(Photo: Russell Limprecht / Flickr)
The Koch brothers, two billionaires who have funded a staunchly anti-government agenda for years, will be hosting a confidential strategy meeting in January, intended to "counter the most severe threats facing our free society." This event highlights a deeper current of money that has been invested in an anti-government policy agenda that goes back decades.
In the midst of this past election season, candidates across the country engaged in an ideological battle with one side claiming that government is the problem and the other side claiming that we cannot solve our problems without effective government. This battle continues to take place on a dramatically uneven playing field. It has been stacked against the public good for decades by deep pockets of corporate wealth.
Policy Agendas More Important Than Election Cycles
David Calahan, a researcher who studies the ideological basis of philanthropy, published a major report in 1999 titled "$1 Billion for Ideas: Conservative Think Tanks in the 1990's" that describes the web of money that flowed through the top 20 Conservative think tanks in the United States. He identified the strategies that allow a well-funded minority to dominate public discourse and set the agenda for the country. One of his major assertions was this:
"In fact, the more fundamental changes in American politics may not be in election results, but rather in the rise and fall of different ideas and their attendant policy agendas."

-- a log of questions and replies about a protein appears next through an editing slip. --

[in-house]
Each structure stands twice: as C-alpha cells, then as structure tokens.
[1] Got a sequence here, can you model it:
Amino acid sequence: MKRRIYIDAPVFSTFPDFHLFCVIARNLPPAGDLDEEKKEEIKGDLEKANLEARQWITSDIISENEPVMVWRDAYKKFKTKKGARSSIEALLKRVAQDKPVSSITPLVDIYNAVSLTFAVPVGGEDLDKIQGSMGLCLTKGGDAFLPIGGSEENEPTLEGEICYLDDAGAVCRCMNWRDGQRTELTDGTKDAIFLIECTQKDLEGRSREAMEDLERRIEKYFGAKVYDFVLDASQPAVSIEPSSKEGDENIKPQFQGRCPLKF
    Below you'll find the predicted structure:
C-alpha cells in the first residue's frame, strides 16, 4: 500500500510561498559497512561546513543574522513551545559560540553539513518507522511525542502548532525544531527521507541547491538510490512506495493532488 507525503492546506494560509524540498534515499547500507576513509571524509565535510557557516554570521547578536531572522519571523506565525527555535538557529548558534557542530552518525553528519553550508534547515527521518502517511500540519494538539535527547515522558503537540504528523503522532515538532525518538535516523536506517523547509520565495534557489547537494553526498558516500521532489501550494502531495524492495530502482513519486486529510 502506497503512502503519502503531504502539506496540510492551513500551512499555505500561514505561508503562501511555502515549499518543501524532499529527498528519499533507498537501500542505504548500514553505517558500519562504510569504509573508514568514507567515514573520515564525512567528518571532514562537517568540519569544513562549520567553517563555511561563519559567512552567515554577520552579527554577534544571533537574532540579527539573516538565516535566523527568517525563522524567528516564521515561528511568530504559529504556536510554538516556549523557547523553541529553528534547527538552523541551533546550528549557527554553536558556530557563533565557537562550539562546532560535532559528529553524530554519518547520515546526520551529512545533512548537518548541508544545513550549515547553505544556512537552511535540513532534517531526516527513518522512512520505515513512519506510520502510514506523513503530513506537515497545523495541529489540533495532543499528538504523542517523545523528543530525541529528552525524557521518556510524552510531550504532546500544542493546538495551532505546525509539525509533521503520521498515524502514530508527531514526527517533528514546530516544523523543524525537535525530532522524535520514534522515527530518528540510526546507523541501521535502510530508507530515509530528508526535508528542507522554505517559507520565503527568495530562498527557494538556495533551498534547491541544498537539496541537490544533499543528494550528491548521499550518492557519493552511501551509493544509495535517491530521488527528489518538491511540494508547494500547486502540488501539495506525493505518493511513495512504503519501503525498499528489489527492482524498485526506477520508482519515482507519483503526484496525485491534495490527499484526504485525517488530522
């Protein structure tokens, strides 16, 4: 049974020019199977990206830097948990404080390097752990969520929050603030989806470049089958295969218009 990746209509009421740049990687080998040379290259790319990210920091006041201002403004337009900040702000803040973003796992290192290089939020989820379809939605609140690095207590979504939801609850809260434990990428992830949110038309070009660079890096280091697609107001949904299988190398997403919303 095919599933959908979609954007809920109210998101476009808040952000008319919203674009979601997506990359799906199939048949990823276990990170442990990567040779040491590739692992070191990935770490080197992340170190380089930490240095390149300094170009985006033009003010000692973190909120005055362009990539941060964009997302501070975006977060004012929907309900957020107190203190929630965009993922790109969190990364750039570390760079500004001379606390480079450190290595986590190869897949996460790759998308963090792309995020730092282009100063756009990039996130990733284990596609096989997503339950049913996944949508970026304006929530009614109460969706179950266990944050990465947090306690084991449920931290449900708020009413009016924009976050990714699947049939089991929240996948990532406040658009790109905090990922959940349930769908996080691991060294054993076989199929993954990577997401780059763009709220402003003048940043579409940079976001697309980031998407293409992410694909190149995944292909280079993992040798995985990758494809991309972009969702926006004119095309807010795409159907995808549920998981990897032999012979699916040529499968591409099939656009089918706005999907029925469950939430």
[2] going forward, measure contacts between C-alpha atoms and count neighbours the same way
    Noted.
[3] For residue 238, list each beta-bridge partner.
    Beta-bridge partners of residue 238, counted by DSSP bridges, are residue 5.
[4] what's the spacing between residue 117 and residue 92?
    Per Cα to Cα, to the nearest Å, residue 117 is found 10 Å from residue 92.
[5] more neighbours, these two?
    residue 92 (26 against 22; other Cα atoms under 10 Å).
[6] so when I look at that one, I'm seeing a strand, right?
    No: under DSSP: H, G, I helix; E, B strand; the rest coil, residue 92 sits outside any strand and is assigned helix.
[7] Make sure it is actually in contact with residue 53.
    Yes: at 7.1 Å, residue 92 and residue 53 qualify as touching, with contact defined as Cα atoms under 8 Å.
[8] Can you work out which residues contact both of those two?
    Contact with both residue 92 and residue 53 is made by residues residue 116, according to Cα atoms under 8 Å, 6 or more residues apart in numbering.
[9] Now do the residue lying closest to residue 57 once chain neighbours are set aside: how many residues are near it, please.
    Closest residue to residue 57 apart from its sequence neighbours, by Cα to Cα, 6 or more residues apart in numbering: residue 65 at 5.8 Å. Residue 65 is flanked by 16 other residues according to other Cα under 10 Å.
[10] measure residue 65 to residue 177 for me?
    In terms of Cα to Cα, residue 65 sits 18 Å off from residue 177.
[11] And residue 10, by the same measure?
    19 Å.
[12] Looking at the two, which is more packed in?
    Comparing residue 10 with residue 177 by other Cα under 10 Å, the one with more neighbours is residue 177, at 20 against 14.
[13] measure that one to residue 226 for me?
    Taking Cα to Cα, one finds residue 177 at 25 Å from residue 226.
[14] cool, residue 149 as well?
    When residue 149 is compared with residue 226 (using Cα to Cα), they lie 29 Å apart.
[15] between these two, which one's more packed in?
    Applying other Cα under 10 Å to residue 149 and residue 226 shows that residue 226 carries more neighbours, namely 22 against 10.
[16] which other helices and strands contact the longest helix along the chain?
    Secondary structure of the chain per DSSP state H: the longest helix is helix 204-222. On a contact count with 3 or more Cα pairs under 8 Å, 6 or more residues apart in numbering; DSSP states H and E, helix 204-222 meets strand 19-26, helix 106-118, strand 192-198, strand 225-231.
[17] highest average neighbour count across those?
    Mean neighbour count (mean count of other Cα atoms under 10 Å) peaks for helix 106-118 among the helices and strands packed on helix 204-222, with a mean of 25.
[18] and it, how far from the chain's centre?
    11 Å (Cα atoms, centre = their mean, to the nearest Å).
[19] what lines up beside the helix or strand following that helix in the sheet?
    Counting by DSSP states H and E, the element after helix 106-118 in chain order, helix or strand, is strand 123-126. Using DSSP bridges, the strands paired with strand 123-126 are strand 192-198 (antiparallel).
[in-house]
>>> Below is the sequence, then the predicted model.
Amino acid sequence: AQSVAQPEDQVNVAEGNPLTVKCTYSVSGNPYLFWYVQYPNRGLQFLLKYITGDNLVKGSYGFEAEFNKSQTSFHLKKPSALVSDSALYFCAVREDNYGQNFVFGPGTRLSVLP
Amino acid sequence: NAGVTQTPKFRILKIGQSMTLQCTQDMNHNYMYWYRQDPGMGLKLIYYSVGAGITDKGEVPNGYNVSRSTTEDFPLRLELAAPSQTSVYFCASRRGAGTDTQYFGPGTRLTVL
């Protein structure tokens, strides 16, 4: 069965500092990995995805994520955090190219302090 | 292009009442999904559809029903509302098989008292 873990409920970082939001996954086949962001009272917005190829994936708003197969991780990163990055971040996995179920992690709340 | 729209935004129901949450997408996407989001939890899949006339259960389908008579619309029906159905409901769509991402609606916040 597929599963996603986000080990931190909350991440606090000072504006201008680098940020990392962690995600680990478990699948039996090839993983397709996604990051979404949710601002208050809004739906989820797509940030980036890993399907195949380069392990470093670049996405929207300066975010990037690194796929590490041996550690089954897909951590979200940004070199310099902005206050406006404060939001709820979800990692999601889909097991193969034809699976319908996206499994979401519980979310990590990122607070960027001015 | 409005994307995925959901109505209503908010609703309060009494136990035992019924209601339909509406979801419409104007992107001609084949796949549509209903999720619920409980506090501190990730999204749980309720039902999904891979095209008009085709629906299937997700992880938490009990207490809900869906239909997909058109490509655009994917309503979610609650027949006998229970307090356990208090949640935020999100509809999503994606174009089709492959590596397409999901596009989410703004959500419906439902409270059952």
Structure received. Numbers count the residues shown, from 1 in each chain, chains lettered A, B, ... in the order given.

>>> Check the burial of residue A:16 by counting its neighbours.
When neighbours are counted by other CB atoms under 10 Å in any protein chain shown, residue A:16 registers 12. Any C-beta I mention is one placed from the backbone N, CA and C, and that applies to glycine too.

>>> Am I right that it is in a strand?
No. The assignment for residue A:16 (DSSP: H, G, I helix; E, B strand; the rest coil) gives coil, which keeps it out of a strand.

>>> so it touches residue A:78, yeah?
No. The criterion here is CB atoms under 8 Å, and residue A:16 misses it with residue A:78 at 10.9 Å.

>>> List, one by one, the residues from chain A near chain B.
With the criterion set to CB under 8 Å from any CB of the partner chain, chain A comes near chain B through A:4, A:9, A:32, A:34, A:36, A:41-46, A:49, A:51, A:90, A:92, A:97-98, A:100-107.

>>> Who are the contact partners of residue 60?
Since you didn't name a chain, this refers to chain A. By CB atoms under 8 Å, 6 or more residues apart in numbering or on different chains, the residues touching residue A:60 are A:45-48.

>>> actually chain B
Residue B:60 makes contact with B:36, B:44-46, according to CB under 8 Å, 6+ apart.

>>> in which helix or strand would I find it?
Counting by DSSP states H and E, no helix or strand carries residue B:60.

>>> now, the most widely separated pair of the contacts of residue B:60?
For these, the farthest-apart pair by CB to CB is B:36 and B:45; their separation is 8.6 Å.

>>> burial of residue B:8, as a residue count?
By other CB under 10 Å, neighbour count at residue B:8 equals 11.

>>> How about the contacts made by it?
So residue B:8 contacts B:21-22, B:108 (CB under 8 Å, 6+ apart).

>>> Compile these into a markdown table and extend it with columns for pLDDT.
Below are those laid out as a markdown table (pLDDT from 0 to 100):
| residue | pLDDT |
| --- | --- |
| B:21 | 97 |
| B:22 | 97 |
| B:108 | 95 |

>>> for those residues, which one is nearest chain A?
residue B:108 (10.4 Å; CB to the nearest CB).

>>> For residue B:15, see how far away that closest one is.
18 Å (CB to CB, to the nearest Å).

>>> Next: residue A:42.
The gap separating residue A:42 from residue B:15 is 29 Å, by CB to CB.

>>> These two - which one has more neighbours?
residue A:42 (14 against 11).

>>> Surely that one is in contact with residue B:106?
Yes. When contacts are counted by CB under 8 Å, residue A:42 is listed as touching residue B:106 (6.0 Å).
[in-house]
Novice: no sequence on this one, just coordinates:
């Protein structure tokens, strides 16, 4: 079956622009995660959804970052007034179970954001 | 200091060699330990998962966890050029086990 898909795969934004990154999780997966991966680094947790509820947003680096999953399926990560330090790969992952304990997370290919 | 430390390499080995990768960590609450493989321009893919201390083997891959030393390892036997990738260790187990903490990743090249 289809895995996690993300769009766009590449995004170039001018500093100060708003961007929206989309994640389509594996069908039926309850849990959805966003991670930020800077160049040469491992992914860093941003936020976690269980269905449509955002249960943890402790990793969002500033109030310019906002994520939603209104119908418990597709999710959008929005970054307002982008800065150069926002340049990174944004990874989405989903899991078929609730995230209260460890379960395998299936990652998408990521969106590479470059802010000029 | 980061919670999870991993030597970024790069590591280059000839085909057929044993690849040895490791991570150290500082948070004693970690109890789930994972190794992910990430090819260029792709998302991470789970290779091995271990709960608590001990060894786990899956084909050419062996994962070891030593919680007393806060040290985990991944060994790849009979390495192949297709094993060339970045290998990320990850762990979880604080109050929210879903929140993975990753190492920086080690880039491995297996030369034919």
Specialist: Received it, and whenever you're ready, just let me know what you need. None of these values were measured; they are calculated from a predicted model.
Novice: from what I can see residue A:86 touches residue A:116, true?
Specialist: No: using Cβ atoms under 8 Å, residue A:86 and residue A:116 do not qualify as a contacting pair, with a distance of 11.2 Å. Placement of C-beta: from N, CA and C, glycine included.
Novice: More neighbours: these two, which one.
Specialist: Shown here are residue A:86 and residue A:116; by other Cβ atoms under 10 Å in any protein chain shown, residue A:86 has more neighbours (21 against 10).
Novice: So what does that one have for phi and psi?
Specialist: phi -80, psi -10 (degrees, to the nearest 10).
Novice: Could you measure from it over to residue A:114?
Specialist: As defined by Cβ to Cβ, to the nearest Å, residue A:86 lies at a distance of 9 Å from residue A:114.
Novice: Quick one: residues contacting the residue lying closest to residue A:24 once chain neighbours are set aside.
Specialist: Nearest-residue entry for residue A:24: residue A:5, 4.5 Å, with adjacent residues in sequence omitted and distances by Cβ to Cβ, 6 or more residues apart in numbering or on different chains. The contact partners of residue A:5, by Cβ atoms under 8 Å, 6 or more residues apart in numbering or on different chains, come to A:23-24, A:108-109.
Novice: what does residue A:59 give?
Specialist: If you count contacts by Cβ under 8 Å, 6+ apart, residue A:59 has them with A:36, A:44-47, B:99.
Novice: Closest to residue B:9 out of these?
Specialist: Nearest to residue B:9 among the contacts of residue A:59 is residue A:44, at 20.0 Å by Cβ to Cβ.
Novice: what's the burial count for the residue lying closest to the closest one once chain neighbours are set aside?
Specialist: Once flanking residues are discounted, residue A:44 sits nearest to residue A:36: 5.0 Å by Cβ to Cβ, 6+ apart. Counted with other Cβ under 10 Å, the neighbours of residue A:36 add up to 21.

Consider the impacts of the Tea Party Movement that arose after President Obama took office. A nonelection agenda was initiated to frame the debate around anti-government sentiments. Its veneer of grassroots populism conceals a vast network of media outlets, high-profile spokespeople, training centers and deep pocketed funders who made the Tea Party possible. And yes, the Koch brothers are major donors of the effort.
How were they able to get Tea Party candidates on so many ballots? Why do even the incumbent Republicans feel that they must conform to the extreme views of people like Sarah Palin, Glenn Beck and Rush Limbaugh? The answer is that a massive communications infrastructure has been built to reward those who conform (and punish all the rest).
Investing in the long haul pays off.
After building a vast infrastructure, it was pretty straightforward to rile up millions of people, especially since these very people experience the brunt of economic collapse. The ironies run deep in that those who have been hurt the most by deregulation and privatization are the foot soldiers rallied to the call of freedom by this effective system for mass manipulation of public opinion.
How Far Back Does This Go?
The first major effort to build an anti-government communications system can be traced back to 1971 and the "Powell Memo," written by Lewis F. Powell. It laid out the ideas that influenced wealthy conservative businessmen to build a web of think tanks, media outlets and recruitment centers that would go on the offensive and destroy public good will toward government. For nearly 40 years now, this system has been growing in size and sophistication. And it is surgical in its precision and effectiveness.